One of the biggest challenges for any international scientific society is to provide quality and informative support to its members, whether it is for a new employment opportunity or for finding the right candidate for a new position you opened. The IBNS excels in this area through its online Career Center portal (http://jobs.ibnsconnect.org) through which it provides the right tools for both, job seekers and employers.

The IBNS Career Center portal offers all the standard operational features, such as a thorough search engine by keyword and location, as well as extra services such as a free review of your resume for feedback and a job-posting service for employers. However, what makes the IBNS Career Center stand out in terms of support, is two additional quality features: resources for job seekers & access to a resume bank for employers.

In the Resources section you can have access to a number of articles with valuable tips in resume building, job seeking and communication, from experienced scientists in the field, not only for searching or applying for a position, but also for the interview process. There is also plenty of advice and tips for building your ‘brand’ and your social media presence, which will help you strengthen your image and moving your career to the direction you want.

In the Resume Bank, potential employers have free access to a large bank of resumes and profiles, which you can customize by introducing filters that apply to your search and create lists of candidates that fulfill your own criteria.


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Undergraduate Spotlight
by Julianne Jett, PhD, Guest Editor
IBNS Membership & Communications Committee Chair
University of Texas at San Antonio, San Antonio, Texas

Julianne JettI have a confession to make. When I started attending IBNS as a graduate student, I had no idea that the Society offered financial and professional resources for undergraduate students. However, I have come to find out that I am not alone in this misconception. How do I know? Well, in part, IBNS offers annual undergraduate travel awards; yet, there are times in which no one applies. Perhaps, like me, undergraduates and their mentors are unaware of the valuable resources that IBNS has to offer. Or maybe mentors feel that their undergrads will get more "bang for their buck" professionally if they attend larger meetings. Personally, I have yet to find a society that is as trainee-focused or allows more networking with lead scientists than IBNS. But, you don't have to take my word for it. I touched based with some of our undergraduate student mentors and undergraduate student members to get their take on what IBNS has to offer to its youngest scientists.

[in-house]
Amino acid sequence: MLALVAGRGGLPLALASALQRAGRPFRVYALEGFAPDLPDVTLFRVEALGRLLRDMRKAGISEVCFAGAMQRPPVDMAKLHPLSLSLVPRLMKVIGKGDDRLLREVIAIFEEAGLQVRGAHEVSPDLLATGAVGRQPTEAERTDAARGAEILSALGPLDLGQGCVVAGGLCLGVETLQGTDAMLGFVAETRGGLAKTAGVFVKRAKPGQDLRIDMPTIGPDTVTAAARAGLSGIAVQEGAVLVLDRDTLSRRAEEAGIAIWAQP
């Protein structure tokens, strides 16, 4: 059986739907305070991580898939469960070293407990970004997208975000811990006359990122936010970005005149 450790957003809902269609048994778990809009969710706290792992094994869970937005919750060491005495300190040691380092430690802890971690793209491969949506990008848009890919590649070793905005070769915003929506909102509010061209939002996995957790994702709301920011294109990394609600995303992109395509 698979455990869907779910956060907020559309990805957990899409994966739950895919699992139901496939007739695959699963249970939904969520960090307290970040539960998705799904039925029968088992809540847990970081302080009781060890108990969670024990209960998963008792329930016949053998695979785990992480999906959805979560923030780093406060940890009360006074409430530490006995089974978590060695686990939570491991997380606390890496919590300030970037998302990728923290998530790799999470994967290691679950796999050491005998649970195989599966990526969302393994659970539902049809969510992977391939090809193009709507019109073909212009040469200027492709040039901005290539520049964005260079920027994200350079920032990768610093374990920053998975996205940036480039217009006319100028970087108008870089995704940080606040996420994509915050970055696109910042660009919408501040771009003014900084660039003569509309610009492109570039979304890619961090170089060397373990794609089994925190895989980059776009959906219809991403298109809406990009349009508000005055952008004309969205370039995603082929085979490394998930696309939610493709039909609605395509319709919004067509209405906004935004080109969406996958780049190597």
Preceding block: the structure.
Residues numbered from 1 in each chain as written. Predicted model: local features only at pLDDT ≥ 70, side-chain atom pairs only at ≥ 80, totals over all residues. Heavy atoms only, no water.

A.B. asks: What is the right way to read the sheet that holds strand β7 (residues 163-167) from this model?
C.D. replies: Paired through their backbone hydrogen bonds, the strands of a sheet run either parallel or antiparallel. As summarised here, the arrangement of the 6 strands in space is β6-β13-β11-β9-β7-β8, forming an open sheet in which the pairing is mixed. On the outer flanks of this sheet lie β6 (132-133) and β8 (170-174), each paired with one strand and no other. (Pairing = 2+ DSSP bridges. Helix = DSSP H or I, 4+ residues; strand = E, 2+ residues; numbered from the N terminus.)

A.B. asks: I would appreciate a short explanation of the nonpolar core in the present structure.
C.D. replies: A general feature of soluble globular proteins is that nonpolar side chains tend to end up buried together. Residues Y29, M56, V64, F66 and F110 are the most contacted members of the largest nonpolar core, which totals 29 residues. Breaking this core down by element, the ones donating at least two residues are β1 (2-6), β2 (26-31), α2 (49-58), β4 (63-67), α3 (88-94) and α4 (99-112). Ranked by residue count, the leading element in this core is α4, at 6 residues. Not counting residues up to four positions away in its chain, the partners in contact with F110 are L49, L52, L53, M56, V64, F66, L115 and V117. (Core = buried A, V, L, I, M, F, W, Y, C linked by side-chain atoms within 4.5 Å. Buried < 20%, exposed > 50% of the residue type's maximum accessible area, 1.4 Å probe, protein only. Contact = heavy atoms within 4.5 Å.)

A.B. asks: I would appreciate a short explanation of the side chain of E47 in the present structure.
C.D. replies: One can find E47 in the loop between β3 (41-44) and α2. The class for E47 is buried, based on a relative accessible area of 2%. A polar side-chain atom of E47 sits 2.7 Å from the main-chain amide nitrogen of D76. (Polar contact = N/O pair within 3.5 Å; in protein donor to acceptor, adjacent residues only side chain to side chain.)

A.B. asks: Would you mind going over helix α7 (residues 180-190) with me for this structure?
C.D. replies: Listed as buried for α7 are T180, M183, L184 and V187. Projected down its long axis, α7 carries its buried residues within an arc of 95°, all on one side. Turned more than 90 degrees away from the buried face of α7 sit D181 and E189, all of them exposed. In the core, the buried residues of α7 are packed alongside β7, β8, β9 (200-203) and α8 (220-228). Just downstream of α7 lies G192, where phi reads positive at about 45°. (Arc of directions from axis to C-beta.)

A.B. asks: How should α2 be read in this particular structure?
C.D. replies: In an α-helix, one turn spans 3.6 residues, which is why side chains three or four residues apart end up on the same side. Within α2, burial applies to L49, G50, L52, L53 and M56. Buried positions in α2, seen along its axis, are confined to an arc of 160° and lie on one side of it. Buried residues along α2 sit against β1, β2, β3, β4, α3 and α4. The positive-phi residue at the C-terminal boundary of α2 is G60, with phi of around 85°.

Kim GereckeKim Gerecke, PhD, Associate Professor of Behavioral Neuroscience
Randolph-Macon College, Ashland, Virginia

IBNS is a wonderful venue for undergraduates to present their research. It's a welcoming, friendly society, where they get to talk and network with researchers in their field. Their posters are very well-attended, which is a real advantage compared to larger societies. Importantly, presentation of research at an international conference really sets them apart from many other applicants to graduate and medical schools. As well, I vividly remember presenting as a Master's student at IBNS, and that positive experience highly influenced my decision to renew my membership when I became a PI, and to bring my own undergraduate students to the conference. 

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Kelly LambertKelly Lambert, PhD, Professor of Behavioral Neuroscience
University of Richmond, Richmond, Virginia